Background: Factors associated with compliance with smoke-free policies among hospitalized smokers are poorly described. A better understanding of these factors may improve smoking cessation during admission and in the long-term.
Methods: Two cross-sectional studies were conducted in an urban teaching hospital in Spain during 2002 and 2004. We interviewed 229 admitted smokers gathering data on smoking history, admission diagnosis, belief that hospitalization is related to smoking, policy's awareness, and smoking during admission and place of smoking.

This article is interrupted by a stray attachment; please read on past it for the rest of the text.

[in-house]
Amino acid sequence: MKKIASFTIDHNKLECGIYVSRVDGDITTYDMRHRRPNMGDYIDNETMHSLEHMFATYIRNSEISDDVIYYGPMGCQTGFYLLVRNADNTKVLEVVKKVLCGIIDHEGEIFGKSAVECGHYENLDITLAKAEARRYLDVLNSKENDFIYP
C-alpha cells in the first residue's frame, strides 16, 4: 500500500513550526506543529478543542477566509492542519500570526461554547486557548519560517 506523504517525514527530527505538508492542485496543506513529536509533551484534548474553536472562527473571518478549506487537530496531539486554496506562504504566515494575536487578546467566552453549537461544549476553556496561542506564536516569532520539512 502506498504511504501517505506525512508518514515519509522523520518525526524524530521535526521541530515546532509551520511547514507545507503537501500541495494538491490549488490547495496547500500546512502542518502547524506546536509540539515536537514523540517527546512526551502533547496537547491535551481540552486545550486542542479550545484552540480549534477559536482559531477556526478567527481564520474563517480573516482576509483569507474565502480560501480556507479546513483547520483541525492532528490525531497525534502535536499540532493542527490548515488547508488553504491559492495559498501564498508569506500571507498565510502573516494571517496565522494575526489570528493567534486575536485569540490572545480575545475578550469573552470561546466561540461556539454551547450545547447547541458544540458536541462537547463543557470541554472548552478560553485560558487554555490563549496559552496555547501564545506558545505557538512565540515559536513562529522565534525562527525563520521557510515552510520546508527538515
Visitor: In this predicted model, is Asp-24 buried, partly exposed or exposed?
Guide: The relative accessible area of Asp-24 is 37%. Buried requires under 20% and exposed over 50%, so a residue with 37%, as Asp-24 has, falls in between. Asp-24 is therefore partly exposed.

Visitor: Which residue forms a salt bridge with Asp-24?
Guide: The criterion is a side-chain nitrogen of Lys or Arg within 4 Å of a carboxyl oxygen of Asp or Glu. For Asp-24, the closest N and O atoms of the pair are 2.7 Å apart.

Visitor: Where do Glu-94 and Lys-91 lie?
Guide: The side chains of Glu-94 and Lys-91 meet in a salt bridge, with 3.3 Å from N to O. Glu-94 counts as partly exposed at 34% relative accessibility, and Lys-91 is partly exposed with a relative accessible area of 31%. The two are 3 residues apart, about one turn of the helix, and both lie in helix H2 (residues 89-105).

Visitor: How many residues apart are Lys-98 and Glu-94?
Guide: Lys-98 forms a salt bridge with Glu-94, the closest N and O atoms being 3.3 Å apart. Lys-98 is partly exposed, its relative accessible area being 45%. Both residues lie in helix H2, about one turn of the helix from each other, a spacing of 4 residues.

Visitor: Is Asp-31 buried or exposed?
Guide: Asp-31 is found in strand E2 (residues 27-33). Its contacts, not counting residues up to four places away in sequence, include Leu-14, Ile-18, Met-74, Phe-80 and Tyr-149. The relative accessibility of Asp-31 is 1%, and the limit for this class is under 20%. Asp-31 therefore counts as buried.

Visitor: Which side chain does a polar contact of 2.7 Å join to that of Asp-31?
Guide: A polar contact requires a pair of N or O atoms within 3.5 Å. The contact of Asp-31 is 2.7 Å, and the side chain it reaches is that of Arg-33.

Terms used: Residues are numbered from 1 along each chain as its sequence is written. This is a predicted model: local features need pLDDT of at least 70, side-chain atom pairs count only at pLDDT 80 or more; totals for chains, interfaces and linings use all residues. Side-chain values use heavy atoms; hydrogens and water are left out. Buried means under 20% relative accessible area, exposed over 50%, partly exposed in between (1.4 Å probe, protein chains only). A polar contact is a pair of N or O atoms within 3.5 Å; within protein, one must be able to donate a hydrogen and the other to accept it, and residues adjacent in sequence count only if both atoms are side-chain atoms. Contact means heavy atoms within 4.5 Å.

Results: Among hospitalized patients, approximately a third were current smokers. The compliance with the nonsmoking policy in 2002 and 2004 was respectively 71.9% (IC95%: 63.9-79.9) and 60.1% (IC95%: 50.9-69.3). In the multivariate regression model, factors significantly associated with compliance were: contemplation stage, confidence in quitting after discharge, belief that current symptoms or illness were related to smoking, and mild withdrawal symptoms.
Conclusions: Admission in a smoke-free hospital does not guarantee that patients will refrain from smoking. Factors associated with compliance identified may be modified by tailored smoking cessation interventions. Our results might help physicians to understand inpatients' difficulties to abstain from cigarettes and enhance their efforts to take advantage of the hospitalization as a window opportunity to quit.